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In the Time of 'Pirate Radio,' the Music Mattered


by Stephen Becker 23 Nov 2009

Guest blogger Bart Weiss is director of the Video Association of Dallas and VideoFest. I had a really great time watching the new film Pirate Radio. Usually, I take more of an analytical look at cinema. And while this film is well made, it is the subject that got me thinking. The film is a […]

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Guest blogger Bart Weiss is director of the Video Association of Dallas and VideoFest.

I had a really great time watching the new film Pirate Radio. Usually, I take more of an analytical look at cinema. And while this film is well made, it is the subject that got me thinking. The film is a love song to music – the music I grew up on – and how radio was so important to that music.

But more than that, the film reflects a time when music meant something.  I was inspired not just by hearing the songs but by seeing people listening to the radio and reacting with such glee to the music. It reminded me of how outside the margins both the music and the radio were. It’s hard to imagine a time when this music was thought of as frightening to advertisers rather than the soundtrack to a pitch.

The radio that this film reminds us of is one on which the DJs lived for  the music – even the shock jock was into the music first. We have gone so far from that. There were people in this town who loved the music first,  including Geroge Gimarc,  among many others, and now we are lucky to have Paul Slavens.  (Thanks to KERA for making music mater again with KXT.)

The sad part is how media consolidation has meant that there is very little local radio ownership. Playlists come from the home office, the music is bland, the passion is lost.  And along with that, the music biz has lost its way. Sure, downloading and technology have changed everything. But without the DJs who loved the music, it’s not the same. And perhaps if music programming was inspiring, we wouldn’t have so many blowhards yelling at us all over the dial.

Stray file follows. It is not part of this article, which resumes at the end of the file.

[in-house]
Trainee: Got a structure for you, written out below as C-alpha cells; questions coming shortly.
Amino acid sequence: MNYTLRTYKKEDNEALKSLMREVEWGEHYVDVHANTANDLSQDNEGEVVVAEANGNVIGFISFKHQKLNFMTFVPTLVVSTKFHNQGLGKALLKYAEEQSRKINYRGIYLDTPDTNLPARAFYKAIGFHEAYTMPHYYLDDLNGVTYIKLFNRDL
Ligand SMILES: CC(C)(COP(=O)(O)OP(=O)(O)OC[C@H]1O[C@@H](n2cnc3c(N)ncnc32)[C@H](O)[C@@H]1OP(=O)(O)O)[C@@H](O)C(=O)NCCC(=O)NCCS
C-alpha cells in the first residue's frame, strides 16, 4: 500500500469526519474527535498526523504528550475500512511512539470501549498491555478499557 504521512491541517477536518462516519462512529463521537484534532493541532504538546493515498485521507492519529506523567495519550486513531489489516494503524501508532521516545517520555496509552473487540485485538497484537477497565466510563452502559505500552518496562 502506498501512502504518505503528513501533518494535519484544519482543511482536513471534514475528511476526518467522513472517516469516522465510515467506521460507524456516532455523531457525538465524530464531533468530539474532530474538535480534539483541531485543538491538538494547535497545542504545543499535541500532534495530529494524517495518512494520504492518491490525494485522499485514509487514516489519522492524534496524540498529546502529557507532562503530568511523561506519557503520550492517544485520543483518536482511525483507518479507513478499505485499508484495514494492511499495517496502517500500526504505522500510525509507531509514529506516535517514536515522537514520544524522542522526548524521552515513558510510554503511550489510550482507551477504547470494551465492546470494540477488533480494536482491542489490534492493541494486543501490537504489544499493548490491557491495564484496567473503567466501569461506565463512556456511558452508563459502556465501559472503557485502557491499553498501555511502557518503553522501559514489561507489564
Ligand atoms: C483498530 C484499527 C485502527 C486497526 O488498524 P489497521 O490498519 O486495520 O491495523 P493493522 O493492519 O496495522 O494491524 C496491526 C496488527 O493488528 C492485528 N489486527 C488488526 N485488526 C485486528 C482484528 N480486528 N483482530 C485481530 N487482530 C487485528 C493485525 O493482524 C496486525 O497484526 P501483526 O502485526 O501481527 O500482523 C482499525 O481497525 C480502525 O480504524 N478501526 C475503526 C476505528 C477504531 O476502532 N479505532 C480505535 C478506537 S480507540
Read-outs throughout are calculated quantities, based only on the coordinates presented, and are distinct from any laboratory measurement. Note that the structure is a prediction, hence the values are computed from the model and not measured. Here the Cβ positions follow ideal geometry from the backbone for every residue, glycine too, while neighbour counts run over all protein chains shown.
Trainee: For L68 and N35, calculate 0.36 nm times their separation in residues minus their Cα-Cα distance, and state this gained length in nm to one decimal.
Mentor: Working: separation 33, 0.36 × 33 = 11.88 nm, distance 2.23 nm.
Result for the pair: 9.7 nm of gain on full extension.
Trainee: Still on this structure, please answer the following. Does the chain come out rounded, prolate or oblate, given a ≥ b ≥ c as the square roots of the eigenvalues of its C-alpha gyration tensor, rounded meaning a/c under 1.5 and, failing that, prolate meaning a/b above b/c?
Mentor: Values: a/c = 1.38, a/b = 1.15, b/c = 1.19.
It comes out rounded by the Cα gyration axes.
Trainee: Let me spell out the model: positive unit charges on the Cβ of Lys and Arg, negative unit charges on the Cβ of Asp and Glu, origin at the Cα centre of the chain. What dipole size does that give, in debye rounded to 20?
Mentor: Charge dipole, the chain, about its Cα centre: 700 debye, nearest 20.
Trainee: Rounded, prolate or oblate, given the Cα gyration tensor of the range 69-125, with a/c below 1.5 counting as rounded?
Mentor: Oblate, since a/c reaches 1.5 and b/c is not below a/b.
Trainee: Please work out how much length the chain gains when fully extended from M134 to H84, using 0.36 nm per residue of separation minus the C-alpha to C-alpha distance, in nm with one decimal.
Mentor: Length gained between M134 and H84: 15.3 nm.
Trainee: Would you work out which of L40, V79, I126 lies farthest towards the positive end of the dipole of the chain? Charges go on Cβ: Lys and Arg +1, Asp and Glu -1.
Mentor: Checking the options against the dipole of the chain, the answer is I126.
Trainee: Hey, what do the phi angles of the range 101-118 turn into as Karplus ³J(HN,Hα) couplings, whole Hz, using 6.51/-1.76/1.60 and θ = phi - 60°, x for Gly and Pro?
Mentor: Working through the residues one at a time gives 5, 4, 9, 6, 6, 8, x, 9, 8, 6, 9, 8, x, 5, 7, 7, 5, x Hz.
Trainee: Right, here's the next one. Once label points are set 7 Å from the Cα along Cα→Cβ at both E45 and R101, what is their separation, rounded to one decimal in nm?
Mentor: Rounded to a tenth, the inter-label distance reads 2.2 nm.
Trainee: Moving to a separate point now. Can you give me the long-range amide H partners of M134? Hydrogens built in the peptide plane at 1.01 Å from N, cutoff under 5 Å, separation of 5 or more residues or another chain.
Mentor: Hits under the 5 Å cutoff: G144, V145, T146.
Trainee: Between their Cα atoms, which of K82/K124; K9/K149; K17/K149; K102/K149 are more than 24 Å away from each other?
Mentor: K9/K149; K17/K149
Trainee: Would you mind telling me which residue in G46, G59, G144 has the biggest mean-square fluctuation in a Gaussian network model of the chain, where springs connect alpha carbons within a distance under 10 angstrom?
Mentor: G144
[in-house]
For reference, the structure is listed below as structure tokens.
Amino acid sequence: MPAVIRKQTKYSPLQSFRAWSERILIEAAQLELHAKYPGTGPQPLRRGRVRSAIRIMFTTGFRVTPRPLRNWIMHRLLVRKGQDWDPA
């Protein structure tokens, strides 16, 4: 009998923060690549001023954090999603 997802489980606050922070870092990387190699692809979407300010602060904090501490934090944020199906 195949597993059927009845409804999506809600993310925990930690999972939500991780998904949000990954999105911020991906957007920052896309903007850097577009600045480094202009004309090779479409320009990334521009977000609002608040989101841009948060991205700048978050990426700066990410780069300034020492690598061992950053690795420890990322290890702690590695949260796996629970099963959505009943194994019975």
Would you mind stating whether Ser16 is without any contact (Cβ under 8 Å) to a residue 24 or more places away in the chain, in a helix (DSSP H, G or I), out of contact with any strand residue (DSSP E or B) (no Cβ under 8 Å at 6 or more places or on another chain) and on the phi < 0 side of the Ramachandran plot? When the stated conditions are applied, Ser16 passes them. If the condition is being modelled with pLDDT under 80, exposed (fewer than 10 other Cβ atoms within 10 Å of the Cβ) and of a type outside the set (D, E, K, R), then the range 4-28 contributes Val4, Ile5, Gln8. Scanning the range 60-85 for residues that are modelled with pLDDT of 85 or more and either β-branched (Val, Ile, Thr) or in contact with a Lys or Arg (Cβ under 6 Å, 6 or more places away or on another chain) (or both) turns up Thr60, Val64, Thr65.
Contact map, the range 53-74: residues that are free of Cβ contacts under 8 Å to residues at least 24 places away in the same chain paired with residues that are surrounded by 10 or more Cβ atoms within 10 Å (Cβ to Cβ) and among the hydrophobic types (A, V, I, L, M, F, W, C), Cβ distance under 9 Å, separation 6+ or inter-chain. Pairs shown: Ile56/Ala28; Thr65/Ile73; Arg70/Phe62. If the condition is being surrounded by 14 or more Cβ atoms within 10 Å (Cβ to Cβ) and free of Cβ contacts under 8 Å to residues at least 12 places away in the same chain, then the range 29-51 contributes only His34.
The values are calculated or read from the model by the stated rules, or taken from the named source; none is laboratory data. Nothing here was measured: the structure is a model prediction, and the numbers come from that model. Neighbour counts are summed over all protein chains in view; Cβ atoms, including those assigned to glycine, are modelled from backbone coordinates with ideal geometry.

Audio affects our emotions deeply – think about movie music. Radio affects our sense of self. We feel special about what stations are on the push button dial in the car, as opposed to what TV stations we watch.  Radio is the soundtrack of our life.  It can lift us or it can amuse us, and we can connect with it.  It affects who we think we are and how we react with our local world.  So who owns our stations and who programs them and with what really does mater. I personally hold the owners and program directors of most commercial stations at fault for  creating and maintaining noise that  diminishes civilized society. Having people who care about what goes on the airways – rather than how large the profit can be – makes the airways, our lives and our democracy better.  It used to be that broadcast stations had to serve in the public interest. Some how, that has been lost.

At the end of the film, there is a great montage of album covers of music from the era mixed with the album covers of music that this music influenced. Make sure you stay for it. Also, if you like the music, you can click here to listen to a 24-hour-a-day channel of music that inspired the film. You can also get a channel of I heart radio (an iphone app) that plays the music.

When the music’s over, turn out the lights.

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  • Bart you seem to celebrate the real pirate radio. Yet KERA, NPR, this very blog, and the new radio station , are blocking out any mention of the new wave of music called Post-Bands music. It started here in Dallas and is against what rock and popular music have become. Rock has become everything it started out opposing, say the artists in the art revolution..
    Sure its fine to celebrate those days when nothing then, can now make waves. But what about the new music that, being part of the art revolution in all arts and media, openly opposes corporate art? It’s making waves now. It is pirate radio, and music, and art, and literature, and media, etc. Seems you are talking with two tongues in a way. What was rebellious then was great. What is trying to bring quality and excitement back to music now, the new rebellion, is to be blocked.

    • lester bangs

      Tom, if this “post-bands” music is the hot new thing, why are you the only one who ever writes about it?

    • bart

      tom who are these post bands?

  • I’m just the loudest

  • Pingback: Big D Blog: Pirate Radio Gives Dallas Film Expert A Case of Nostalgia : The Daily Mustang()

  • Judith Samson

    Hello Bart,

    Loved reading your piece–always glad to hear or read your voice and
    will always be glad to see your face live.

    Friends and I happened into Pirate Radio one night recently and nearly fell out of our seats with joy throughout the film! What a wonder! We laughed, elbowed each other, seat-danced, sang along and just flat loved it every minute. Buying the sound-track for friends, nieces, nephews and myself for Chanukah and Christmas with delight. I agree
    with your every word.

    And thank God for my lifelines, 90.1 and their new 93.7. God save Radio!! (And, for God’s sake, our good NEWSPAPERS in this country and all over the word! They save us too!)

    Judith